The United States Wednesday called on Iran to
release three American women - all of whom also hold Iranian citizenship - who
have been barred from leaving that country after visits there. They include a
prominent Washington-based academic, and a Radio Farda journalist. VOA's David
Gollust reports from the State Department.
Haleh Esfandiari, Director of the
Middle East program at the
Woodrow Wilson Center
Officials here say it is unclear why the Iranian authorities are detaining the three women, who, they insist, pose no threat to that country and should be released as soon possible.
All three are understood to have been barred from leaving Iran, and subjected to questioning from authorities, after arriving in the country for family visits in recent months.
Colleagues of one of the women, Haleh Esfandiari,
director of the Middle East Program at Washington's Woodrow Wilson International
Center for Scholars, announced Tuesday she had been jailed at Tehran's Evin
prison following weeks of interrogation focusing on her work.
Iran has similarly confiscated the passport of Parnaz Azima, a reporter based in Prague for the U.S.-funded Persian-language broadcaster Radio Farda.
Like Esfandiari, Azima went to Iran to visit her ailing mother a few months ago and has been prevented from leaving by officials who have said she may be detained for two or three years.
The case of the third woman is understood to be similar, though the State Department has not identified her at the request of her family.
At a news briefing, State Department Spokesman Sean McCormack urged the Iranian government to free the women on humanitarian grounds, and not stifle what unofficial contacts that remain between the two countries, which have not had diplomatic relations since 1979:
"I can't tell you the motivations behind these actions by the Iranian government," said Sean McCormack. "I can only repeat that these are people who don't pose any threat to the Iranian government, and in fact symbolize the kind of people to people interaction that we want to encourage. Whatever problems we may have with the policies of the Iranian government, we don't want to put a chill in those people-to-people contacts."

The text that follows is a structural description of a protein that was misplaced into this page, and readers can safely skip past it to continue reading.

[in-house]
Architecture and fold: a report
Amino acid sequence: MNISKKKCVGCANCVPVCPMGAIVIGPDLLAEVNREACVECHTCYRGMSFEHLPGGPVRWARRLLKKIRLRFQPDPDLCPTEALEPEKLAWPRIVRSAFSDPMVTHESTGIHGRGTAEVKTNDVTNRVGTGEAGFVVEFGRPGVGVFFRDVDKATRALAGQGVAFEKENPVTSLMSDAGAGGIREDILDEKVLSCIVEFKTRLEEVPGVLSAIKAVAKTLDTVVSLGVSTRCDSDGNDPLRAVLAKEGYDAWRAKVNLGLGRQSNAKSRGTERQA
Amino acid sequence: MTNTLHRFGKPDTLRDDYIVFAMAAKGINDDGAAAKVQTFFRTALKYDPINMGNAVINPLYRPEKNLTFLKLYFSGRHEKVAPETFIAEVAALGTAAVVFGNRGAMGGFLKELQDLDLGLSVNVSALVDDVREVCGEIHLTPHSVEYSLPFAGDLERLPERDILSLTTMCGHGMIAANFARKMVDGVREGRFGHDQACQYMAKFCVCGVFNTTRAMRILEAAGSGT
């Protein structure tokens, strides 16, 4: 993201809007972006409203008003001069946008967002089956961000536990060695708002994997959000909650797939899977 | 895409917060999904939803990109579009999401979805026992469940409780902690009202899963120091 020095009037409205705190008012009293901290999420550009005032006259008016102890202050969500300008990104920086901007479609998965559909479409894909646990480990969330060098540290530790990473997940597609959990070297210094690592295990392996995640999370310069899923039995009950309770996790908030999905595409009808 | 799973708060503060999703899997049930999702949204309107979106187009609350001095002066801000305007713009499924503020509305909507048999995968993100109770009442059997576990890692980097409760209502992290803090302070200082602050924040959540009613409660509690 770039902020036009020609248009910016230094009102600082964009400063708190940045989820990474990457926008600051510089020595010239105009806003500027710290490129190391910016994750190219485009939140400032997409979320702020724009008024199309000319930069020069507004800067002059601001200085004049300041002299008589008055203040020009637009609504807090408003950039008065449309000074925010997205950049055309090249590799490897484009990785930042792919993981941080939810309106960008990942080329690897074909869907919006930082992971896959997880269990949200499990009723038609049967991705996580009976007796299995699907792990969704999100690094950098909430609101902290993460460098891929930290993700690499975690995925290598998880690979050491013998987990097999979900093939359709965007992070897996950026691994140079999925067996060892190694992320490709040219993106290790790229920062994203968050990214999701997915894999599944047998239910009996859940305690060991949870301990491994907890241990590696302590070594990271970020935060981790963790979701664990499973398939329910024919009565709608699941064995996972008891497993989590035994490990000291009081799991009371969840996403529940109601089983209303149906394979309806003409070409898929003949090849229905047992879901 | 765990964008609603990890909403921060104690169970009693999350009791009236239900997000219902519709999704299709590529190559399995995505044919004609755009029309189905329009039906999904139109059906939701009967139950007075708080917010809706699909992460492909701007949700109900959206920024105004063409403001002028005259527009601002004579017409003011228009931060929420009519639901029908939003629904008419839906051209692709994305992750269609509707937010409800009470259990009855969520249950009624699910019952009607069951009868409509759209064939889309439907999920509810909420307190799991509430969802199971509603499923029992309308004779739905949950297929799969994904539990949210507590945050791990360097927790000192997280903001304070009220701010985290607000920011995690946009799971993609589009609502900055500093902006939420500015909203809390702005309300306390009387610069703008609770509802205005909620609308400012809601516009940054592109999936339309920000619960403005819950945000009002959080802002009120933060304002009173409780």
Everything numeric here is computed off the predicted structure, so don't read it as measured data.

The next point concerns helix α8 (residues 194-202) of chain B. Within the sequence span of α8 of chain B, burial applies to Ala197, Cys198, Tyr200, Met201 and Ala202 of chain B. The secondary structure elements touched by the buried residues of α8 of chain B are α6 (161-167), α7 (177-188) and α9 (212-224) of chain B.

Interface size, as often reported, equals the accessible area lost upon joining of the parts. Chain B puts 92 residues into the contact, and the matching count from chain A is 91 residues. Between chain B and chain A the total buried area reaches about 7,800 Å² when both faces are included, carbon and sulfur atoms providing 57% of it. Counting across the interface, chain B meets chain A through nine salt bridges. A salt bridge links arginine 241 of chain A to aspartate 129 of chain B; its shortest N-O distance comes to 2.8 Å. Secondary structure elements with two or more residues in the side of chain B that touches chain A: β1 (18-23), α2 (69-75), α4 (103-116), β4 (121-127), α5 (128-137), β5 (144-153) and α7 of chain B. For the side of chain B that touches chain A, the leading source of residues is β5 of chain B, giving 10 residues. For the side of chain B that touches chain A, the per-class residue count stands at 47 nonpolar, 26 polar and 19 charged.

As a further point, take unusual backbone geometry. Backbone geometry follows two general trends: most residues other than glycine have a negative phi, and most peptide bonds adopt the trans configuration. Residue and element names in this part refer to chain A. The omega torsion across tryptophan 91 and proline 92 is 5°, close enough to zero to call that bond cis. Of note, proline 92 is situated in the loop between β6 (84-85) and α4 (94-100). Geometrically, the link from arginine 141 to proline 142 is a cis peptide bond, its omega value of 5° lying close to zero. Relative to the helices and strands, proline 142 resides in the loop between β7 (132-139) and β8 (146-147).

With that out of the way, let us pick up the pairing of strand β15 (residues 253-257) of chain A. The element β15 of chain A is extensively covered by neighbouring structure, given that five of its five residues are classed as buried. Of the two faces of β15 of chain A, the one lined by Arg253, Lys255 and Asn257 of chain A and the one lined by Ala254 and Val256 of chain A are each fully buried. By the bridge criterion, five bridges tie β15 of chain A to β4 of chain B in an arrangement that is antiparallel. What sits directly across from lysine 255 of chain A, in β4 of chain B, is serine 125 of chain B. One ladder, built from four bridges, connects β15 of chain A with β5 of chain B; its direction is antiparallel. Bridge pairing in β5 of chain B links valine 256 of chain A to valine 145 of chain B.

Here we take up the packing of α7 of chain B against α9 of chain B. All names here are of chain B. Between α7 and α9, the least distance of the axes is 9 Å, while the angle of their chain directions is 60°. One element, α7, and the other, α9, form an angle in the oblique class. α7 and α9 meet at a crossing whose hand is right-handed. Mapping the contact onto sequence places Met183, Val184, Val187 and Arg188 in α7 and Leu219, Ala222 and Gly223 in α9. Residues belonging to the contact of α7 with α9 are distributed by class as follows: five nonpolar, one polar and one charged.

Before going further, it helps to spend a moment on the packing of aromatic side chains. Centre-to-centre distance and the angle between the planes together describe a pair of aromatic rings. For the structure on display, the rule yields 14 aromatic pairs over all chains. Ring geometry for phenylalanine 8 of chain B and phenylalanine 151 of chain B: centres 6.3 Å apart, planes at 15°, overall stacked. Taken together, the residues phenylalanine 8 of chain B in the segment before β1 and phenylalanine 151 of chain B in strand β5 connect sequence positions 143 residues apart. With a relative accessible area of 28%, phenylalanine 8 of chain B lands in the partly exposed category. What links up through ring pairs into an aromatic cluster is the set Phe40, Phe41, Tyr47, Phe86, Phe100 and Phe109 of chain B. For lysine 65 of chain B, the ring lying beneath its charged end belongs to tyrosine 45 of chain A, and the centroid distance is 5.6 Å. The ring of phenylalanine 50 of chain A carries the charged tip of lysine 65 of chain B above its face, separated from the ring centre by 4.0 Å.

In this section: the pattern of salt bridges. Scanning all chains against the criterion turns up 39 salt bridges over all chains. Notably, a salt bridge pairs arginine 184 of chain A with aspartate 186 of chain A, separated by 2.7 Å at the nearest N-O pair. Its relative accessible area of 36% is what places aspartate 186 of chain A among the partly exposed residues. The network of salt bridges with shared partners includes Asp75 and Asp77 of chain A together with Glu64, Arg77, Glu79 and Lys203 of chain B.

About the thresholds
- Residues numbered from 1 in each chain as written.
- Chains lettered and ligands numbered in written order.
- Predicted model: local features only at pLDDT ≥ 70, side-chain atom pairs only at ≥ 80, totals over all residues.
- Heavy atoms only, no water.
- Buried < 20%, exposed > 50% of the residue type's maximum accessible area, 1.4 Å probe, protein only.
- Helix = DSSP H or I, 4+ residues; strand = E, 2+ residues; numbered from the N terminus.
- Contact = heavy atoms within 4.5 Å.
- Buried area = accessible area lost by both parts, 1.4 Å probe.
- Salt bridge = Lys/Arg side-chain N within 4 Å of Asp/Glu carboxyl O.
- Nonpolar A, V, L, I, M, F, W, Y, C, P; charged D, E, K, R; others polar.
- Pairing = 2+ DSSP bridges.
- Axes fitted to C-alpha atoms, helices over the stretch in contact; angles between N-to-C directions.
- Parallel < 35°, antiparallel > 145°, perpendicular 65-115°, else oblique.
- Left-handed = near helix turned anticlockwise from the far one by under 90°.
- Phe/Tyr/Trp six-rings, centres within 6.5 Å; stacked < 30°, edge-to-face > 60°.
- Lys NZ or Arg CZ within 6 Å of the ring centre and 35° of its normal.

In another development, McCormack said State Department officials met Wednesday with the wife of Robert Levinson, a retired U.S. Federal Bureau of Investigation agent who went missing several weeks ago after arriving on Kish Island at a Persian Gulf resort.
Iran has denied, in notes to Washington passed through the Swiss government, that it has any knowledge of Levinson's whereabouts.
But U.S. officials are skeptical in light of press reports of his apparent arrest on the island, and have asked three other countries with diplomats in Iran to make inquiries on Levinson's behalf.
Levinson's wife Christine made a public appeal for help in locating her husband Wednesday on an Internet website the family has set up.
She said she sent a letter two weeks ago to Iranian
President Mahmoud Ahmadinejad urging him to intercede in the case, but was
unsure whether he has received it. The letter was carried in the website in both
English and Farsi.
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